Here are the things I really love about it:

  1. In one swift move, you can set up fairly complicated lesson sequences, so you can schedule out a series of lessons with just a little (and I mean a LITTLE . . .like a bracket or two) coding.  For example, we’re doing a Bible Study this year. The way the book lays it out, there are 6 weeks of lessons and 5 days each week.  I love the study (I mean, we have REALLY loved the study!), but it’s a little intense to ask my 7 and 5 year-old (especially my wiggly 5 year-old) to sit through quite that much every day. So, I told Scholaric, which I was setting up that my lesson plan for the study that I wanted to do those 6 chapters with 5 lessons in each chapter, except that I wanted to take 2 days to do each lesson.  Some very simple coding based on the guidance on the Scholaric Blog and BAM! my lessons for the entire book were planned out and dropped onto appropriate days.
  2. I can easily share lessons between my children. We all do Bible Study together, along with a few other topics. I can very easily tell Scholaric to put the lesson I’m planning on both children’s lesson plans.
  3. Moving things around is pretty much a breeze.  I have just drag and drop lessons that didn’t get completed today to another day, or I can tell Scholaric to “Bump” the lesson forward (you can bump backward, too). If the subjects are presenting in the order I’d like to see them, I can just drag them around and put them in the order I want them to be in.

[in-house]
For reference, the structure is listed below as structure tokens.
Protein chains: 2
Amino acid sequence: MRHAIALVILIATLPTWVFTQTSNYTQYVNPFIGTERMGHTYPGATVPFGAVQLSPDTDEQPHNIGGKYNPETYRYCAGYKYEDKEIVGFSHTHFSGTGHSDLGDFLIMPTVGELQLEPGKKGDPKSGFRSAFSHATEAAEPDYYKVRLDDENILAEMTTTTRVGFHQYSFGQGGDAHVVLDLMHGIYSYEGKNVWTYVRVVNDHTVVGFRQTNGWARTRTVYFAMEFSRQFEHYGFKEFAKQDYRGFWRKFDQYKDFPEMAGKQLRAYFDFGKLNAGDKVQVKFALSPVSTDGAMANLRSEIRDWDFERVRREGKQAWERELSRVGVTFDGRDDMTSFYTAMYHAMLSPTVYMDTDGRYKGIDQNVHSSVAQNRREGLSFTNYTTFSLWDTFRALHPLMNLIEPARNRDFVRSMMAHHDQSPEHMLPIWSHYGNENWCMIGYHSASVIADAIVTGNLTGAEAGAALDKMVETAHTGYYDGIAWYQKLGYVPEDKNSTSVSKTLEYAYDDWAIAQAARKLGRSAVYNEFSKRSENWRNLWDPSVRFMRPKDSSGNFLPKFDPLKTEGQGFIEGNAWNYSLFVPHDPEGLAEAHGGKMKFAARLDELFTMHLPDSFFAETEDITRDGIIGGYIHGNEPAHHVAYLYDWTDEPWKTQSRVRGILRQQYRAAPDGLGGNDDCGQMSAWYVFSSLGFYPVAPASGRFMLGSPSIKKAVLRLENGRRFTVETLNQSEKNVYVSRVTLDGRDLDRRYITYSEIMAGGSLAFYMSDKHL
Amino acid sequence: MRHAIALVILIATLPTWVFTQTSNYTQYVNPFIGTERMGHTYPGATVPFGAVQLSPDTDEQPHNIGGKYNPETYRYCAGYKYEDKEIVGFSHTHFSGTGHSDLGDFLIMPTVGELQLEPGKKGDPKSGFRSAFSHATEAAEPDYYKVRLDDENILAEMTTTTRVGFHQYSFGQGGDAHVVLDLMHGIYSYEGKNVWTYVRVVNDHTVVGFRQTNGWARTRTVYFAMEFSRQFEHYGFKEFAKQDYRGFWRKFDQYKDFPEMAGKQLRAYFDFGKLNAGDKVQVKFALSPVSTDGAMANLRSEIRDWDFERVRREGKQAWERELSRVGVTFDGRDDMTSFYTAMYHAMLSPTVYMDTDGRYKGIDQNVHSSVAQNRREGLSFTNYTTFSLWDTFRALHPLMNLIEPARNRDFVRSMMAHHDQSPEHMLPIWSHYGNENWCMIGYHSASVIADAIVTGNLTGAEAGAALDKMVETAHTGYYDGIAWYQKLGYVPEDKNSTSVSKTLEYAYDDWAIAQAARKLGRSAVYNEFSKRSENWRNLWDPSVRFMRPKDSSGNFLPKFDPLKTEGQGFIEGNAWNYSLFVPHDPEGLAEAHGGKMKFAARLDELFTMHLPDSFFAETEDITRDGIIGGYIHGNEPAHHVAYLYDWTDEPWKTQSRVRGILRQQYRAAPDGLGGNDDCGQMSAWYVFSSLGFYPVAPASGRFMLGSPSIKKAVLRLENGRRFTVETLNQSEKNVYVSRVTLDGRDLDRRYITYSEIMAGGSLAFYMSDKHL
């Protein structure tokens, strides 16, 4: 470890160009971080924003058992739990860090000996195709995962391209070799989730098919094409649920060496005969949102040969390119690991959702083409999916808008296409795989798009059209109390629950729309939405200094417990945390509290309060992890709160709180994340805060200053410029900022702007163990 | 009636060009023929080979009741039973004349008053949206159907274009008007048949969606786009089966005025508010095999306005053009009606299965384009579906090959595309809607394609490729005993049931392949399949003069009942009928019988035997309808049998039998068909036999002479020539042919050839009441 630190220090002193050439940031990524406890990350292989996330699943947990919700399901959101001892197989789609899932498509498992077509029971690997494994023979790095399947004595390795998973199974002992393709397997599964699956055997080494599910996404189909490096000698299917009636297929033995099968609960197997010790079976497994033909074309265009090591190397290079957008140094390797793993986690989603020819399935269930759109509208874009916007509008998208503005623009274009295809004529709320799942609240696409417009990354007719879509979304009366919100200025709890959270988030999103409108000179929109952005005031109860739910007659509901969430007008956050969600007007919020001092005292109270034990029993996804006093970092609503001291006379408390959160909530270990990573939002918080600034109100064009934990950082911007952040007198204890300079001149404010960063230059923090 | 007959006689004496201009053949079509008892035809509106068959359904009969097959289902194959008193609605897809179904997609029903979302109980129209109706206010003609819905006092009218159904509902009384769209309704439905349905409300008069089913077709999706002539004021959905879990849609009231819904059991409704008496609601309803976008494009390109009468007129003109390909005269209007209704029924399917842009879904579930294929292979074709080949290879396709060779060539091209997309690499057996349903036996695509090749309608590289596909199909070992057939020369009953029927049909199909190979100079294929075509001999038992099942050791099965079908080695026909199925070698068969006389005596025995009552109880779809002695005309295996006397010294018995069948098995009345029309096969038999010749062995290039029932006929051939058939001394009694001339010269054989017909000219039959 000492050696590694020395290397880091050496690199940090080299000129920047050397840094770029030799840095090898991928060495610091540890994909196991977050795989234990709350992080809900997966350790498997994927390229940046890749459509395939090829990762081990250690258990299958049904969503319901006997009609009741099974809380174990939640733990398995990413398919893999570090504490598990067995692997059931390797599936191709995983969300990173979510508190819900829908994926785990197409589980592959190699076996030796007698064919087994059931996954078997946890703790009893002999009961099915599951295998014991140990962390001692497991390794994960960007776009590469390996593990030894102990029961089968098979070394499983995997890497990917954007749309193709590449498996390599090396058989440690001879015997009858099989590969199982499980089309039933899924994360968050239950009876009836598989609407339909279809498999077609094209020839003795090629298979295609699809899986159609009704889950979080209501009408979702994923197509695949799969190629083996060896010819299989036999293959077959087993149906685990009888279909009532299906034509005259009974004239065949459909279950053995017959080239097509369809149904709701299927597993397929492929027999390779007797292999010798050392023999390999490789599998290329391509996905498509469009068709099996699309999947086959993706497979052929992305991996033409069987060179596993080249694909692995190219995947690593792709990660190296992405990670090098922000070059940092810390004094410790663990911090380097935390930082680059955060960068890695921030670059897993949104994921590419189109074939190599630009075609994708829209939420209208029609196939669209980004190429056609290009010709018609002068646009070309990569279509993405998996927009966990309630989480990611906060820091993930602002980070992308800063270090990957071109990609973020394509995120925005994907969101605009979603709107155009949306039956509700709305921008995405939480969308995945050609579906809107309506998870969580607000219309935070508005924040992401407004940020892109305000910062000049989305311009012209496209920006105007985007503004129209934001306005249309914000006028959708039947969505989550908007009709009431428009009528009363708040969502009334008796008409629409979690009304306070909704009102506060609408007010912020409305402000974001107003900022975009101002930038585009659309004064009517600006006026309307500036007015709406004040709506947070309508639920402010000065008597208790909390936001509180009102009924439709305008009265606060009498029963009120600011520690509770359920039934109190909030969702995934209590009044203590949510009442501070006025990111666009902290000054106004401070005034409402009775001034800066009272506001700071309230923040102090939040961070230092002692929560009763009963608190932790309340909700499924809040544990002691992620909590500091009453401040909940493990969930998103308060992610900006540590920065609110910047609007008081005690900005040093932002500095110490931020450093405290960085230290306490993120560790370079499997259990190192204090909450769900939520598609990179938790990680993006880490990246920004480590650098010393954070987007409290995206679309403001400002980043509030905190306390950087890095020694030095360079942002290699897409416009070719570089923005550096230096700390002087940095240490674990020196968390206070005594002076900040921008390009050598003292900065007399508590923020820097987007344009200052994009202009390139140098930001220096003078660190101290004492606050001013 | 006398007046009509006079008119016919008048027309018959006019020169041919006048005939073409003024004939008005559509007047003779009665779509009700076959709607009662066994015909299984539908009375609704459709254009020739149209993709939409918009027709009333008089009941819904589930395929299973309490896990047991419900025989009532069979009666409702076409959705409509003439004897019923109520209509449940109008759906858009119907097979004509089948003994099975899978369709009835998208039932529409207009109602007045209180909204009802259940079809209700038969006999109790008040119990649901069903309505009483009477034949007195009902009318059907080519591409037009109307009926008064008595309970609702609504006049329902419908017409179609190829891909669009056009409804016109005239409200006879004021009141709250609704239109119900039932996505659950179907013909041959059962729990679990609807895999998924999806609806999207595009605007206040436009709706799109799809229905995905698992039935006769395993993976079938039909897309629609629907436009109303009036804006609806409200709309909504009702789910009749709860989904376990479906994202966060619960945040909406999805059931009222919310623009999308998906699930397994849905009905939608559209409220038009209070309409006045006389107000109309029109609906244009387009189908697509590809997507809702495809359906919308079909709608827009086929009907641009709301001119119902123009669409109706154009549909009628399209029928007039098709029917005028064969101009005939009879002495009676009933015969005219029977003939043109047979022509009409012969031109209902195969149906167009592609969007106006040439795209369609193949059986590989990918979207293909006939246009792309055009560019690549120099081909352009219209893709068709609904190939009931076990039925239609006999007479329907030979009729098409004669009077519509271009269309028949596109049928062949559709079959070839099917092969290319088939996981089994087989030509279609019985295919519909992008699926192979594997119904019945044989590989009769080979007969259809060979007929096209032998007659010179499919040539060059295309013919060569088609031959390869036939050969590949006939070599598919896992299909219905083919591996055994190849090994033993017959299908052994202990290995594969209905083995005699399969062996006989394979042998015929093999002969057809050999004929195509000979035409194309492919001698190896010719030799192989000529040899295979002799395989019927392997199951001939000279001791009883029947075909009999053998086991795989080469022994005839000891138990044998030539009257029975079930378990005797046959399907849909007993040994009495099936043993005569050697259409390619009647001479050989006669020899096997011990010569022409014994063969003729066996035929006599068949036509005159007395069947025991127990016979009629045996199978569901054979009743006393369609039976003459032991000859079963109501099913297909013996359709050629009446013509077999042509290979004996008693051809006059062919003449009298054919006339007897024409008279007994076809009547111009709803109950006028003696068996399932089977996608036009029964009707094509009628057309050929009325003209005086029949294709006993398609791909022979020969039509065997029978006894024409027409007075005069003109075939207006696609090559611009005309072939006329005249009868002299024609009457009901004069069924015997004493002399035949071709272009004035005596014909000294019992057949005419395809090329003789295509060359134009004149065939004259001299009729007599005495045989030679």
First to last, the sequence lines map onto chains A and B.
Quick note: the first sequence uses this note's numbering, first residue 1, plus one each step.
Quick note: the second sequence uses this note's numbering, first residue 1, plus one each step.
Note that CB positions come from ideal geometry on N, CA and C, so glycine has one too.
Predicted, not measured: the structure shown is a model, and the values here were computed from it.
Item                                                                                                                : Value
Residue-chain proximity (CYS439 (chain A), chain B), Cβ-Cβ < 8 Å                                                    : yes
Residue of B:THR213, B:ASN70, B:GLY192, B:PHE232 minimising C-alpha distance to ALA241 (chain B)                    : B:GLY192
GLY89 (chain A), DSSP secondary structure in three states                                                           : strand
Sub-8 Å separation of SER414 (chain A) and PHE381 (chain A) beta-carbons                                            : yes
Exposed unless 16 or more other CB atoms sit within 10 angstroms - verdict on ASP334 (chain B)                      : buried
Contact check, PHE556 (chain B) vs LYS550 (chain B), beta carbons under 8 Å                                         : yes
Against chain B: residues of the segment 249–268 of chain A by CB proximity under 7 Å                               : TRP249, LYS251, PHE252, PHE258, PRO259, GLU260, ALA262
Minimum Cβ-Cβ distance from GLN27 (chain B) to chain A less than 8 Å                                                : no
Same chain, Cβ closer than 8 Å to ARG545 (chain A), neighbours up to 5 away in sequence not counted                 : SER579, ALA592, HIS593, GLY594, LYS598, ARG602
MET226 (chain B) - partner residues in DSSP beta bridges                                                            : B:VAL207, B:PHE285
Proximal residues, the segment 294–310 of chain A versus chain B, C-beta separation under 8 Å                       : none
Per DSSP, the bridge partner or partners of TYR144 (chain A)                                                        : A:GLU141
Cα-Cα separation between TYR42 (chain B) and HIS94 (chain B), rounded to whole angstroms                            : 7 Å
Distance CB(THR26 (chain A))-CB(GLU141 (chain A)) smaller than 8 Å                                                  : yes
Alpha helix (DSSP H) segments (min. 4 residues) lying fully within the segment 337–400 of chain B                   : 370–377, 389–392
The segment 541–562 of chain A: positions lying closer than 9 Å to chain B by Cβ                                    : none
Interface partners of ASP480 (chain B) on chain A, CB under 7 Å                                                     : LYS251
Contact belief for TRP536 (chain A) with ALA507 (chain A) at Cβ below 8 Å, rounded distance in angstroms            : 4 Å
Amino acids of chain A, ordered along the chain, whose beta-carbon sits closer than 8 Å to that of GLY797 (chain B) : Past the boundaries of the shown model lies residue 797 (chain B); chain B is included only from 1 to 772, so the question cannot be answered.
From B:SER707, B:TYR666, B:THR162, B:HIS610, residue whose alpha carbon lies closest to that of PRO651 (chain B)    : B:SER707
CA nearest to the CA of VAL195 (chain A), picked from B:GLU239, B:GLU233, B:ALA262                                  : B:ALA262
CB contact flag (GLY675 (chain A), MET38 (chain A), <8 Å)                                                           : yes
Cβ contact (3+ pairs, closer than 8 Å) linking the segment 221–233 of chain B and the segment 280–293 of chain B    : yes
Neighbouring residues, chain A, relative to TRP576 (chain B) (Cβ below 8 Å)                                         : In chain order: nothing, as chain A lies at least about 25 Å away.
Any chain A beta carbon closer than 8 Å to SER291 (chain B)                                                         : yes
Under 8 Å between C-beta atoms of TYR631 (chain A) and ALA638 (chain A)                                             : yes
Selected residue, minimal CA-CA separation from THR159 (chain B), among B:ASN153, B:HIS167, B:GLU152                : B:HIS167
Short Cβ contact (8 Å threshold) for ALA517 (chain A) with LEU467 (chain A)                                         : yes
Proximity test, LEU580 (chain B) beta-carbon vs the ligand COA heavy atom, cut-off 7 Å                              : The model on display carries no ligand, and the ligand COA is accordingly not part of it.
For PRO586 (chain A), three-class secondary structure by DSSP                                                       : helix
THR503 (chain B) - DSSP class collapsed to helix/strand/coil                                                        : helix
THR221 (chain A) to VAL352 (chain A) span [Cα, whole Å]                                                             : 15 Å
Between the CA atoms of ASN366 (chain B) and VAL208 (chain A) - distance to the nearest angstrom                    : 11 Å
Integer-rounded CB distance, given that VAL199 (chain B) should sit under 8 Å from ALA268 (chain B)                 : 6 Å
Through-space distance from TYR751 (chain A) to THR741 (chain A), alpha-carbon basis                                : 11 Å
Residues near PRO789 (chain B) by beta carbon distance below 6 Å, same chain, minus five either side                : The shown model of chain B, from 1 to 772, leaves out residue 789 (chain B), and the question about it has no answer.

4. I can print off a daily checklist for each child. This has been HUGE in helping my children see what needs to be done each day!

Here are a few of the things that I’m not so crazy about:

  1. It’s not beautiful.  Did I mention that the Homeschool Helper App is beautiful?  It is.  I do take pleasure in spending time in attractive software.  BUT, this basic web based app is SO functional and well thought out that I really don’t mind too much.  Maybe one day, if enough people realize that it’s out there and what a pleasure it is to use, the developer will have some time to invest in making it pretty.  In the meantime, I’m just thrilled that it works so well!
  2. The drag and drop feature for moving lessons around doesn’t work between weeks.  The “bump” feature does, but there are times when I’d like to be able to just drag one single lesson to a day during the next week.  There are ways to make it work, but it’s a feature that I would enjoy.
  3. It’s a web-based program.  I actually like this part. I can access is from any computer. I can even pull it up on my phone and my iPad. No syncing is required, since you’re always working within the same web-based program. But some things just don’t work quite as well in my iPad as they do on my computer. It’s not major, but if you plan to ONLY use a mobile device, this might not be the program for you.

On the whole, I think Scholaric is fantastic, and while I’m sure you’re convinced at this point that I was paid to write this review or compensated with some sort of use of the program, that is not the case. This is really and truly just a review of an online planning program that was designed with Homeschoolers in mind that I really love. We have accomplished SO much more this past month using Scholaric than we ever would have without it.  I just hope that it will be as helpful for someone else as it has been for me!


Note: There are affiliate links in this post.  None of those links are to Scholaric. I received no commensuration for this entirely unsolicited review.